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Samir Amin discusses the role played by four key components of the opposition to Mubarak – the youth, the radical left, middle-class democrats and the Muslim Brotherhood – and the strategies used to oust the regime.

SAMIR AMIN: In a previous paper, I wanted to stress the strategy of the enemy, that is, the strategy of the USA and the ruling class of Egypt. Many people do not understand this. Now I would like to discuss the components and the strategies of the movement.

There are four components of the opposition. One is the youth. They are politicised young people, they are organised very strongly, they are more than one million organised, which is not at all a small number. They are against the social and economic system. Whether they are anti-capitalist is a little theoretical for them, but they are against social injustice and growing inequality. They are nationalist in the good sense, they are anti-imperialist. They hate the submission of Egypt to the US hegemony. They are therefore against so-called peace with Israel, which tolerates Israel’s continued colonisation of occupied Palestine. They are democratic, totally against the dictatorship of the army and the police. They have decentralised leadership. When they gave the order to demonstrate, the mobilisation was one million. But within a few hours, the actual figure was not one million, but fifteen million, everywhere throughout the whole nation, and in the quarters of small towns and villages. They had an immediate gigantic positive echo in the whole nation.

The second component is the radical left, which comes from the communist tradition. The young are not anti communist, but they do not want to be put in the frame of a party with chiefs and orders. They do not have bad relations with the communists. Absolutely no problem. Thanks to the demonstrations, there is a coming together, not of leadership, but of interaction.

The third component is the middle class democrats. The system is so full of police and mafia that many, including small businessmen, were continuously racketed in order to survive. They are not part of the left; they accept capitalism, business and the market, they are even not totally anti-American, they do not love Israel but they accept it. But they are democrats, against the concentration of power of the army, police and the gang mafia around. Muslim Brotherhood. Even if they have a public political popular echo, they are ultra-reactionary. They have not only religious ideology, they are also reactionaries on social ground. They have been openly against the strikes of the workers, standing with the state. They think workers should accept the market. They took a position against the peasants’ movement. There is a strong middle peasant movement, they are menaced by the market and by rich peasants; they struggle for the right to maintain their property. The Muslim Brotherhood took position against them, saying that land property is a private right, and market is sacrosanct in Qu’ran. The Muslim Brotherhood has in fact been complicit with the regime. The regime and Muslim Brotherhood are in apparent conflict, but in fact they are combined. The state has given up to Muslim Brotherhood three major institutions: Education, justice, and state TV; these are very important state institutions. Through education, they have imposed the veil, first for the girls in school and then for society. Through justice, they introduced the Islamic law, Shari’a. Through the media, they influence public opinion. The leadership has always been a corrupted political leadership made of very rich people. They have always been financed by Saudi Arabia – which means by the USA. But they have two big influences, one in the sectors of the middle class that are pro capitalist, anti-communist, afraid of the people, and who think Muslim rule is not a bad thing. These are spontaneously with them. They are very influential among teachers, medical doctors, and lawyers etc. At the same time, they have a lumpen support in which they recruit their paid militias. In Egypt, extreme poverty is large-scale. We have five million in Cairo that can be totally deprived among a population of 15 million. Among the very poor with very low political understanding, Muslim Brotherhood has this army that they can mobilise.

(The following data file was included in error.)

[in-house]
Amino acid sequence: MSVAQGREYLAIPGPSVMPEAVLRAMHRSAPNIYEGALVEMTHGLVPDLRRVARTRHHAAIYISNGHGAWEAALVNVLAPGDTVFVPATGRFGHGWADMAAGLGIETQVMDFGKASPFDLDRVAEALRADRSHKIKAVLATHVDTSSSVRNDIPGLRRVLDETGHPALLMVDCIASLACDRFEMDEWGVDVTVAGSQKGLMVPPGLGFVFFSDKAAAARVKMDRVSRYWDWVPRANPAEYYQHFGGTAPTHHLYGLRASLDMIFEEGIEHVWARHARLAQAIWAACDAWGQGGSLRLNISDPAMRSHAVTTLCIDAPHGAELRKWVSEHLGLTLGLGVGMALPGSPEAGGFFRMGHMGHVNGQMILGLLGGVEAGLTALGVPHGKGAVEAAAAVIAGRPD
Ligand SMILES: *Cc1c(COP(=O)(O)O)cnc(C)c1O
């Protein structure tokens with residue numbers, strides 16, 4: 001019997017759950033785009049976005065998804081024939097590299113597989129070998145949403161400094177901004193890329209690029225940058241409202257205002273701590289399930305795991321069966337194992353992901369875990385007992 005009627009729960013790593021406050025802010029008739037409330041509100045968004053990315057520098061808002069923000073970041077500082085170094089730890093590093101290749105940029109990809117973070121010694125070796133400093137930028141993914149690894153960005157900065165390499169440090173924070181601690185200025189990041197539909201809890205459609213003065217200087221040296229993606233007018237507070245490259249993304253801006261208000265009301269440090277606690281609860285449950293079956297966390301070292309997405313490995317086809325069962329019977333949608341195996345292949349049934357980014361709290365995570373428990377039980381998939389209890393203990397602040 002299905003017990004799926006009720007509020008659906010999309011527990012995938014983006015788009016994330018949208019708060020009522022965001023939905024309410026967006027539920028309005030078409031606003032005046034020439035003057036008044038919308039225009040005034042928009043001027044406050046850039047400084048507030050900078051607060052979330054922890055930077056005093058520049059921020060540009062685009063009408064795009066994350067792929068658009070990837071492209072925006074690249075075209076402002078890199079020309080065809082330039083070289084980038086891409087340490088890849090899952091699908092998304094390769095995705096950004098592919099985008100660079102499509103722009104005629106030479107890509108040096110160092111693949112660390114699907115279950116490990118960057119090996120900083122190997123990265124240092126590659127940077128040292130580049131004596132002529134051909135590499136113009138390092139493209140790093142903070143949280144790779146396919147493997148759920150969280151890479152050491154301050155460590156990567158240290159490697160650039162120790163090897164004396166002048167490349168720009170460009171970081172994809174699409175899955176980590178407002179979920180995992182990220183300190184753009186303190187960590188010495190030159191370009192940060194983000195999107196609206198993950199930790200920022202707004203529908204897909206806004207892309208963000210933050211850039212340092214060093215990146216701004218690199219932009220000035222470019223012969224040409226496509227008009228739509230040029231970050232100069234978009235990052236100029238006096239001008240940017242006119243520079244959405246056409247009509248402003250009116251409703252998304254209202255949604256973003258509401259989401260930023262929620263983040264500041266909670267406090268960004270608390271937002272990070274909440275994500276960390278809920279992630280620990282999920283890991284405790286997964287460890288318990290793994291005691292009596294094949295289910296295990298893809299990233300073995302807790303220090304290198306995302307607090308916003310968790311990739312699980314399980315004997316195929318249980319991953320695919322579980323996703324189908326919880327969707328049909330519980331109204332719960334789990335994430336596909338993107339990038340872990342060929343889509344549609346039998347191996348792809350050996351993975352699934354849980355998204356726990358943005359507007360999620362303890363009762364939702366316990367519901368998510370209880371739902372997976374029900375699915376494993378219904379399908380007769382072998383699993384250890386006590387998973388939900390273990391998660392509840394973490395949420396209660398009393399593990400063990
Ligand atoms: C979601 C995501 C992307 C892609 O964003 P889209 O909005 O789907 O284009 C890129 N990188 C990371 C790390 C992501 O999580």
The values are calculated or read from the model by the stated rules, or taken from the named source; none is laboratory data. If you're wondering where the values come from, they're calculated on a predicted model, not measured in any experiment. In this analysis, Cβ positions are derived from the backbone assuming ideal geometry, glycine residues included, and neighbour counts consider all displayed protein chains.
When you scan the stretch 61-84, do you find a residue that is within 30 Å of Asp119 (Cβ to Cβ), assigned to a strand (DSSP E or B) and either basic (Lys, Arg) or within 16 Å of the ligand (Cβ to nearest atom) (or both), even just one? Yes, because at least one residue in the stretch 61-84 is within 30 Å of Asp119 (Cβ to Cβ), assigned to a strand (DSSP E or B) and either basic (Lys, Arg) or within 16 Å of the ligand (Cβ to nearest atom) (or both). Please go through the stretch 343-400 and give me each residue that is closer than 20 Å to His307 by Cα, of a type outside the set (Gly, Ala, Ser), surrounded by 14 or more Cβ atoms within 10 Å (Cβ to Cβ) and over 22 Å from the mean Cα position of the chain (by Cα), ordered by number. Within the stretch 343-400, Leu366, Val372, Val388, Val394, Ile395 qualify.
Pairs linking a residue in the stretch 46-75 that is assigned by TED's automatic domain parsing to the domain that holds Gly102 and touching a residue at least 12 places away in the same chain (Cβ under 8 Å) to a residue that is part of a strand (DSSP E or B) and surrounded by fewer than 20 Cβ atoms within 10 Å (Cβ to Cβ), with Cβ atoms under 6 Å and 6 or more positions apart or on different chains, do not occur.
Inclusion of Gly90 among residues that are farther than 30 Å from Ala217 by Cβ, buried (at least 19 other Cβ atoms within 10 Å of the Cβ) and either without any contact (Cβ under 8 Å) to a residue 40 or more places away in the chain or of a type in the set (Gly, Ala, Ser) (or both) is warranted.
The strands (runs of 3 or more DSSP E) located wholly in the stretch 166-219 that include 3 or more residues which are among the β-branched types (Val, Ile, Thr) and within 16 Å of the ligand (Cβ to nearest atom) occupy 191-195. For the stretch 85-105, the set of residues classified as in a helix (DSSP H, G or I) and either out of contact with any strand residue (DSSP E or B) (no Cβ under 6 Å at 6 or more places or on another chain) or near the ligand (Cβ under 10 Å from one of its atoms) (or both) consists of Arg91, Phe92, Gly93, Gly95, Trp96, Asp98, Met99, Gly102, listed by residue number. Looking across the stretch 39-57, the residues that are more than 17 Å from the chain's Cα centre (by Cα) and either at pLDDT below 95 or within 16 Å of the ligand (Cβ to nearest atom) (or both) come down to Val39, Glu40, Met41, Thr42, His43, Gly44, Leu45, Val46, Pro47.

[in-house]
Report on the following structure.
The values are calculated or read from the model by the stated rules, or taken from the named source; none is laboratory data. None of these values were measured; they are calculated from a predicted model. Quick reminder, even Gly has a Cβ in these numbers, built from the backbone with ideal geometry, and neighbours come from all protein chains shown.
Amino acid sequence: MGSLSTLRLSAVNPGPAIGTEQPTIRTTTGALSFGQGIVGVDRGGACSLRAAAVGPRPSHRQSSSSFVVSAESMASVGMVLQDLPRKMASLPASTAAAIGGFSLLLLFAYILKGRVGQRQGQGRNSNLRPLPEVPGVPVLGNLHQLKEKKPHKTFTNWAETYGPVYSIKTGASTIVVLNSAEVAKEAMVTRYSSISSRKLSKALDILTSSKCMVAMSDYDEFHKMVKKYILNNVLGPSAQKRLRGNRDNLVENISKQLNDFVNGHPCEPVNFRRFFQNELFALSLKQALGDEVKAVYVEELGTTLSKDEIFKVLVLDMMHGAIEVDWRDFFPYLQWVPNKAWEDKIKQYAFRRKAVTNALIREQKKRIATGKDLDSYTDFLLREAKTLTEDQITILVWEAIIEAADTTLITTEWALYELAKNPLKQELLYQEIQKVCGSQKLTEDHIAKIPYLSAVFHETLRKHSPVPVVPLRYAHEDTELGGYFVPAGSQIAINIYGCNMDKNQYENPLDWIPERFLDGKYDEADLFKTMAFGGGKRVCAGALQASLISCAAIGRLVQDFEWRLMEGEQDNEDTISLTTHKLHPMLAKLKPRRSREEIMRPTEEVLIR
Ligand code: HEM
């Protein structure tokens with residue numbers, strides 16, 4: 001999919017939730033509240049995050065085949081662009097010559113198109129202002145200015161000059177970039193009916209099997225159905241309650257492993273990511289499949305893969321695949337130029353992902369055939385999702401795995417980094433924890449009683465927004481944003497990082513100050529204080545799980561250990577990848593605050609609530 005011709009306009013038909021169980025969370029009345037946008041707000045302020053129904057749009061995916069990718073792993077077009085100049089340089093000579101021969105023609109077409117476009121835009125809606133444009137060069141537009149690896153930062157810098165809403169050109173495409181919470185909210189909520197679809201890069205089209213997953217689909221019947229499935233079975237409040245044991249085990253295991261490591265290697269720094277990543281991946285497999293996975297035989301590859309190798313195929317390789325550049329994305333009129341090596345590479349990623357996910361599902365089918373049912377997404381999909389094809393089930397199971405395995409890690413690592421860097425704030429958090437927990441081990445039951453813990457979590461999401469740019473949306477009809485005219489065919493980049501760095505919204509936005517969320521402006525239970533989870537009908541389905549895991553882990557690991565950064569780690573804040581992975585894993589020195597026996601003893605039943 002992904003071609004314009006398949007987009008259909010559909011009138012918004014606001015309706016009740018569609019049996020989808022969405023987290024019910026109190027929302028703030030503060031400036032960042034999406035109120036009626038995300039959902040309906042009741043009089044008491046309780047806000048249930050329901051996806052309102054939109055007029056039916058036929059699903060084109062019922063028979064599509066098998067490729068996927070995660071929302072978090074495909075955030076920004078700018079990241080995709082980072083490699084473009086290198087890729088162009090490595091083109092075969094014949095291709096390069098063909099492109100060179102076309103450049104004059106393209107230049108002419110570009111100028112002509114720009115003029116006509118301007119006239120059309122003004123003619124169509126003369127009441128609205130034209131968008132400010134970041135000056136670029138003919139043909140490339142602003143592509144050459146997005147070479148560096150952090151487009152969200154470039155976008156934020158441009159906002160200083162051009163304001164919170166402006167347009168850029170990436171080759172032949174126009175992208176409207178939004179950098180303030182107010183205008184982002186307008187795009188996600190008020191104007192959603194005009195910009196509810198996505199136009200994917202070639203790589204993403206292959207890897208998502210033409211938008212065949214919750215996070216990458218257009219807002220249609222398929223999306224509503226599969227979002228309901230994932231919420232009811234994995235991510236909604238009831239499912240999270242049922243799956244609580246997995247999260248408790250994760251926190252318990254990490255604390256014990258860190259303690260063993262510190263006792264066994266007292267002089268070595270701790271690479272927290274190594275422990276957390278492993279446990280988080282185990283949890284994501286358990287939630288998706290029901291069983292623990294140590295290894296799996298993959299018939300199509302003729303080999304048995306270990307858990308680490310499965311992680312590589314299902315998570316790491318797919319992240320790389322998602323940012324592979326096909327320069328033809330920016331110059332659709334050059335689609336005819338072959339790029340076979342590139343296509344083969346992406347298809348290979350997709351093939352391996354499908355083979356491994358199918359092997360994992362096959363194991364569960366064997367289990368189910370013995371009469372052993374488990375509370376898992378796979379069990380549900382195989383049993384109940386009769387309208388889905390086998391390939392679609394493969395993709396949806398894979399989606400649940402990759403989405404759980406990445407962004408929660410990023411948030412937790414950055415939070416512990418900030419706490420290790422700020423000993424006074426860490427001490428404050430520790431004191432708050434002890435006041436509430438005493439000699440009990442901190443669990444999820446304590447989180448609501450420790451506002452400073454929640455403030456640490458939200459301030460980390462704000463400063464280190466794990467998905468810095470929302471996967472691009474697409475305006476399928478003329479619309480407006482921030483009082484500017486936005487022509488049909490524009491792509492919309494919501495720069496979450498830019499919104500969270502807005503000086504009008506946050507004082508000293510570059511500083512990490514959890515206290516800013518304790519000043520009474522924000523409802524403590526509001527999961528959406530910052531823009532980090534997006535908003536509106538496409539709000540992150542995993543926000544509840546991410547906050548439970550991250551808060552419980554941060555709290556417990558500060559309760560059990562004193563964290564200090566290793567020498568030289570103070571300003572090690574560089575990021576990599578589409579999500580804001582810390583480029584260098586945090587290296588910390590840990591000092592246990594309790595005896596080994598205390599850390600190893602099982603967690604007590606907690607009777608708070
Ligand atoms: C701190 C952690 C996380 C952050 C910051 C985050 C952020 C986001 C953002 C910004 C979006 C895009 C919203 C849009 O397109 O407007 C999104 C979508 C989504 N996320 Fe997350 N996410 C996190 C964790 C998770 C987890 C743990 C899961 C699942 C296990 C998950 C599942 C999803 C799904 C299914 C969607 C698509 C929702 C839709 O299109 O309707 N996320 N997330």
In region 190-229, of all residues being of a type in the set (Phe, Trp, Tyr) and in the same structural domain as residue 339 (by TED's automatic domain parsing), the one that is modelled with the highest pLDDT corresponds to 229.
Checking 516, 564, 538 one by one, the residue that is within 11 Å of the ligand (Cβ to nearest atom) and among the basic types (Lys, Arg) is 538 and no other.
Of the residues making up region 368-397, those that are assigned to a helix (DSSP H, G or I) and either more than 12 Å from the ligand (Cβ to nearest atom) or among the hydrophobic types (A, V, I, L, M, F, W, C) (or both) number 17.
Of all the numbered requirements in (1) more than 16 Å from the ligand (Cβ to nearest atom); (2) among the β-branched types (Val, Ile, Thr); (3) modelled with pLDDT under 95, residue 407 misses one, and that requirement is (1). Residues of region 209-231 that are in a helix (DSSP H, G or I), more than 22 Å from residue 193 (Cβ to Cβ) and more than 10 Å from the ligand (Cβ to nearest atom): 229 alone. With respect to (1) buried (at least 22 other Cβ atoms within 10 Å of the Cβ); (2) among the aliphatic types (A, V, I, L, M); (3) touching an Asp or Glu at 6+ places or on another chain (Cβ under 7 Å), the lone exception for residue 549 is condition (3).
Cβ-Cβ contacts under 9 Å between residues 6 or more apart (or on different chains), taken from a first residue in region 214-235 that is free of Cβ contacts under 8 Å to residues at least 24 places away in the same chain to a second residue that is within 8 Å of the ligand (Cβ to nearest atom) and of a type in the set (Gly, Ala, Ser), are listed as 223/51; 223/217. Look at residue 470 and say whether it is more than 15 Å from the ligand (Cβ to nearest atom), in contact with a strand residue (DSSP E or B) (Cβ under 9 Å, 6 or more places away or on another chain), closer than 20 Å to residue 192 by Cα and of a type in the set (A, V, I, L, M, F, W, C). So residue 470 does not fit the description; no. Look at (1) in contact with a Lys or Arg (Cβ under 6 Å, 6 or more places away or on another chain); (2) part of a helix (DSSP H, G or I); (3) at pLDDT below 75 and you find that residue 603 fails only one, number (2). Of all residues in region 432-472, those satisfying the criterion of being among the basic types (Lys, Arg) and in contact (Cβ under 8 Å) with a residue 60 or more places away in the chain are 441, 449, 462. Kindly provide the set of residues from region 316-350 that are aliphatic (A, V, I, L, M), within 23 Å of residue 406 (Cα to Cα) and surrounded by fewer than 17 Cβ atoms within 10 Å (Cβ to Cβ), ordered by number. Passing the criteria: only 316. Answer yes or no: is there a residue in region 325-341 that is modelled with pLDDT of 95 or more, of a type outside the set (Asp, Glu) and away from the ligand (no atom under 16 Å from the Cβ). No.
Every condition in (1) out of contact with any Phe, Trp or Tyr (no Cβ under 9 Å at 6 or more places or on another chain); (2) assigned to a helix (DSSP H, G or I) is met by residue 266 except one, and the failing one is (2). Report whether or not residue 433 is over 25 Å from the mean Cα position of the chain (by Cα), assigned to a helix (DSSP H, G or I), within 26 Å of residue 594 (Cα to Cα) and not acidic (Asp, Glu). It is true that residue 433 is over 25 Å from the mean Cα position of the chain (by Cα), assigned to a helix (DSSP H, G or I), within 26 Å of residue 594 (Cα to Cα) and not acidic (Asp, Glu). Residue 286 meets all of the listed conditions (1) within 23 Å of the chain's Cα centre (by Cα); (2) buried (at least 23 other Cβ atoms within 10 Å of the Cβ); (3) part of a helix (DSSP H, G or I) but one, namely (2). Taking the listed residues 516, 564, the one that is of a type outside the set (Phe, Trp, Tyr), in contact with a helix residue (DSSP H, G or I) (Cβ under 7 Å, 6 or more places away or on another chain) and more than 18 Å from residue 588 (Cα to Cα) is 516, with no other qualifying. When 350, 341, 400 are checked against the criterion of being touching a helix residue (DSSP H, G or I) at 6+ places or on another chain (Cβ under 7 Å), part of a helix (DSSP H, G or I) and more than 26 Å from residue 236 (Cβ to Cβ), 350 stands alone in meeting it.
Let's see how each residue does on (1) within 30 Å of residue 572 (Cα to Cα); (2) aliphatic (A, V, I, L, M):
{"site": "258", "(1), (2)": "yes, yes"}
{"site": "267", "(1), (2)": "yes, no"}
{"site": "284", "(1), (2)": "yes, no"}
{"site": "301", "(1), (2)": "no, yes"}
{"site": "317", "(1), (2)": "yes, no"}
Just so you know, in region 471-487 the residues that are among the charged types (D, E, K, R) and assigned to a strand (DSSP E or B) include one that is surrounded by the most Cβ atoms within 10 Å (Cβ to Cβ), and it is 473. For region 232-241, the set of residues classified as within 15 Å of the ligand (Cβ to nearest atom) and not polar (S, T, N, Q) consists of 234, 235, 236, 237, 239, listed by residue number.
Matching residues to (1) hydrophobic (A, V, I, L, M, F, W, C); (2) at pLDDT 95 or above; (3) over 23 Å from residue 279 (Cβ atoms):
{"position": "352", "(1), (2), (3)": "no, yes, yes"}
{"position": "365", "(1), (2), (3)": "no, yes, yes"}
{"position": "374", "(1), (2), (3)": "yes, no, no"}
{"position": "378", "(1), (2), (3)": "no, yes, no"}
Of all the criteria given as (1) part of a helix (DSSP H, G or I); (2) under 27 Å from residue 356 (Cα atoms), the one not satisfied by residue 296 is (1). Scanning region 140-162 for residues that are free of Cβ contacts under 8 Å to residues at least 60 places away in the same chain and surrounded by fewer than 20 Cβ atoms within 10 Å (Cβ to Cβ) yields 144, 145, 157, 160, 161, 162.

What happens is the following. The movement was started by the youth, joined immediately by the radical left, and joined the next day by the bourgeois democrats. The Muslim Brotherhood boycotted for the first four days because they thought that the movement would be defeated by the police. When they saw that the movement could not be defeated, the leadership thought they could not stay out, and they moved in. This fact must be known.